“I felt it was very important in this situation not to take away from either my victory or my defeat by getting into some of the emotional outbursts I usually do,” John said, according to The Chicago Tribune.
Finally, at the end of a tight deciding set, the seven-time Grand Slam champion obtained a match point on his serve. Just after he tossed the ball, a phone rang in the audience, and John stopped his motion. This unexpected interruption created a funny moment, as, looking towards his father, he said: “Dad, it’s mom calling.” Patrick took the opportunity to relax a little bit before facing a match point, and added, “Tell her I’ll be home soon.” “She said to make sure you miss this return,” said John to end this short break.
Patrick didn’t miss his return, but, thanks to a last volley, John prevailed (3-6, 6-2, 6-4), claiming his 77th ATP title. Both players explained later how hard it was to compete against his own brother.
”Every emotion you can imagine is there, every single one,” said John. “You’re always worried about trying to win, yet you know it’s your brother. You’re proud of the way he’s playing, and yet you don’t want him to beat you. You’re nervous because there’s an innate pressure there that’s just a competitive thing with brothers. And also there’s the finals of a tournament you have to think about… I was aging by the minute out there.”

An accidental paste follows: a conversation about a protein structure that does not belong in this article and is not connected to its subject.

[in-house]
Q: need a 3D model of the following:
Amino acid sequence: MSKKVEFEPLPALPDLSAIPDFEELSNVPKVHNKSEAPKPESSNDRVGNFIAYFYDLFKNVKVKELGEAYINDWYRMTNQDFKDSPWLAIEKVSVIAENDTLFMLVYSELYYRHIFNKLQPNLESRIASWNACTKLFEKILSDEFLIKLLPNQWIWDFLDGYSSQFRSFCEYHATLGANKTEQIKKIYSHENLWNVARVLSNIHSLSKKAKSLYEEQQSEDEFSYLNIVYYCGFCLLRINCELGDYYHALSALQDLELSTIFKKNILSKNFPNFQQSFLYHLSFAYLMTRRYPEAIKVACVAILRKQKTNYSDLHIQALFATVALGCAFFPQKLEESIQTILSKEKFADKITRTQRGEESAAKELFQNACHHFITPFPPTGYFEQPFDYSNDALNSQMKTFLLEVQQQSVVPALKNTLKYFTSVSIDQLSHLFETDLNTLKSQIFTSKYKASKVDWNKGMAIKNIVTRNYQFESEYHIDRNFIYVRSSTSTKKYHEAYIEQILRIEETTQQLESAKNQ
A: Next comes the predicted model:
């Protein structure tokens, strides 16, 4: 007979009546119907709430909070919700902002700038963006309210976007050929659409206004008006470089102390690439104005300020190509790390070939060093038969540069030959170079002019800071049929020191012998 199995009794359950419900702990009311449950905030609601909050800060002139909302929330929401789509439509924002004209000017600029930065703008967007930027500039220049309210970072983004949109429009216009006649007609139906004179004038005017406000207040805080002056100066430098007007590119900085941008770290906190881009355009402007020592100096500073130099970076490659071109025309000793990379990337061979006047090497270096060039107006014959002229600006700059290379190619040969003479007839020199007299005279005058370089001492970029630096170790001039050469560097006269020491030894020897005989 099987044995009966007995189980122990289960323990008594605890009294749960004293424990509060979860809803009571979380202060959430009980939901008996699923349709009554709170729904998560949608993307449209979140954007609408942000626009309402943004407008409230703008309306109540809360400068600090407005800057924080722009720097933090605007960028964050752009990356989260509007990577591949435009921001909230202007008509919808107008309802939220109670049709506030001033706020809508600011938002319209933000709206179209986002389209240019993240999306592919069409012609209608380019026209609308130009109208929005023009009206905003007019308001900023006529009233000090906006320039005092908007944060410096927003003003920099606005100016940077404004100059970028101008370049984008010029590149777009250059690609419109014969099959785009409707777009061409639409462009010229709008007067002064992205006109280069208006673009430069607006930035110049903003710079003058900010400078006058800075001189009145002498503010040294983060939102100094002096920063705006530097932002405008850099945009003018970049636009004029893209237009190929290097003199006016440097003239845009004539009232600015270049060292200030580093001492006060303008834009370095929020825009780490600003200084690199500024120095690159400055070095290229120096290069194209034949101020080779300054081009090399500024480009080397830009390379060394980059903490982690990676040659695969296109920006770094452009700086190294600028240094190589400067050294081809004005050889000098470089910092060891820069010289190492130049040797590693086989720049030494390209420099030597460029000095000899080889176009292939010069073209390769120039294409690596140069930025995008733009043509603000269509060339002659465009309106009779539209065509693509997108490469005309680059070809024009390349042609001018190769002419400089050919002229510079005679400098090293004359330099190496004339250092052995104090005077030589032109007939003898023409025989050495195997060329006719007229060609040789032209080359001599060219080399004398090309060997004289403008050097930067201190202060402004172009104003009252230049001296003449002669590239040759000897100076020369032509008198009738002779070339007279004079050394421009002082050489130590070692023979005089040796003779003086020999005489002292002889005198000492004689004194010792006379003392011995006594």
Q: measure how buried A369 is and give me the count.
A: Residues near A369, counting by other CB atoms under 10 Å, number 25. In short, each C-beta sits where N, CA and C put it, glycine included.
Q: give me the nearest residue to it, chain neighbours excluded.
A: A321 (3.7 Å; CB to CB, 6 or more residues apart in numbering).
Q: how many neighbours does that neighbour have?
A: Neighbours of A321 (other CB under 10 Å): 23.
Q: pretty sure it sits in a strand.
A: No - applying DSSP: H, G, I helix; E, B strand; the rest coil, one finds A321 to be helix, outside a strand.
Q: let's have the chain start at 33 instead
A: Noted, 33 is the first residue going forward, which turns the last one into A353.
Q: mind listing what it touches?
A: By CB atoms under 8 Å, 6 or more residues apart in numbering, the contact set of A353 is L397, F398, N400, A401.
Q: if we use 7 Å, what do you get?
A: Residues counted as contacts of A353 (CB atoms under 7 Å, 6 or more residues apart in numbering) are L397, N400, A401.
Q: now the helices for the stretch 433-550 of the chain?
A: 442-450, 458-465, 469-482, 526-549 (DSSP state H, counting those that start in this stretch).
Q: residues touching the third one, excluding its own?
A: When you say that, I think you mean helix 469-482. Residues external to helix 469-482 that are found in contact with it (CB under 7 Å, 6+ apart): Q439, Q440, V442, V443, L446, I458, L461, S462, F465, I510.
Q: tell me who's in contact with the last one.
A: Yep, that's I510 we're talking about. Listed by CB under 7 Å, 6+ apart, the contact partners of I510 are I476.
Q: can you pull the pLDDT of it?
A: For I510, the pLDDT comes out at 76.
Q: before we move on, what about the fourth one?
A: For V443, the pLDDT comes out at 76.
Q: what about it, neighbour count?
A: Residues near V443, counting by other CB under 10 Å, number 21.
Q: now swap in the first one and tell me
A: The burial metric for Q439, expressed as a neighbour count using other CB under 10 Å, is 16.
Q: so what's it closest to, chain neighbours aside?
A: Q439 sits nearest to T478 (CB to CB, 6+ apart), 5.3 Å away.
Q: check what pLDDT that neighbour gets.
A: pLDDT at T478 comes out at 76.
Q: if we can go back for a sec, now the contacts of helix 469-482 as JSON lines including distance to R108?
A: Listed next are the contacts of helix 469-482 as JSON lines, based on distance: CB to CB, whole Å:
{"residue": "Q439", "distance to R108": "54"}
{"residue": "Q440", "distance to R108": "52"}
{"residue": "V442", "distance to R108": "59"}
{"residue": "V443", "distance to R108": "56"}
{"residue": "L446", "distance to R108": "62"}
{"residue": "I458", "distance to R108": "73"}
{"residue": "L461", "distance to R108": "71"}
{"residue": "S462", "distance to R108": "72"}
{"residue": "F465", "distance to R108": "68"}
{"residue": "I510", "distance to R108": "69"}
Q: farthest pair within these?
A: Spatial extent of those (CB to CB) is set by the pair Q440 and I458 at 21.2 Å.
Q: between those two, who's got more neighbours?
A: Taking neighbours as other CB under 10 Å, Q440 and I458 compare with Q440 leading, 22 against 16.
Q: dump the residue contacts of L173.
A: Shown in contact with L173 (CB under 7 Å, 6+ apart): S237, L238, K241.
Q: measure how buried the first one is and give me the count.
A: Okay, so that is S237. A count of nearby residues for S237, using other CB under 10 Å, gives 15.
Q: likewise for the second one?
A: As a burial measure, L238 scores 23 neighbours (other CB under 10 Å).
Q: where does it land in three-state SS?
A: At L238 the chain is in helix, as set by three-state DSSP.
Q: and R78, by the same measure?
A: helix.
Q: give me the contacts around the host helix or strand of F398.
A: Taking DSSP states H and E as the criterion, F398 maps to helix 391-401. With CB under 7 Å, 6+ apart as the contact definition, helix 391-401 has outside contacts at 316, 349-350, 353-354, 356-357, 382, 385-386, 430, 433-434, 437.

”It was just kind of a weird feeling,” said Patrick. ”I never felt really comfortable. I never felt like, ‘Oh, I want to win this match so badly.’ That wasn’t really my feeling out there, which it is any other time I play.”
As for their father, John Sr, he seemed to be satisfied with the outcome.
‘It’s hard to describe how I felt but I don`t think the match could have come out any better. ‘The seedings held, the rankings held, the obvious result that everyone expected held, and yet Patrick clearly demonstrated that he belongs.”
His 77th title, claimed against his own brother, would remain the last tournament ever won by John McEnroe. He would decline until his retirement, at the end of 1992. His last remarkable result would be reaching the 1992 Wimbledon semi-finals (lost to Andre Agassi, 6-4 6-2 6-3).
His brother Patrick would remain a top 100 player until the end of 1996. He would claim his only title in 1995, in Sydney, defeating Richard Fromberg in the final (6-2, 7-6). That same year, he would also make his way into the US Open quarter-finals (defeated by Boris Becker, 6-4, 7-6, 6-7, 7-6) and reach his highest ranking as world No 28.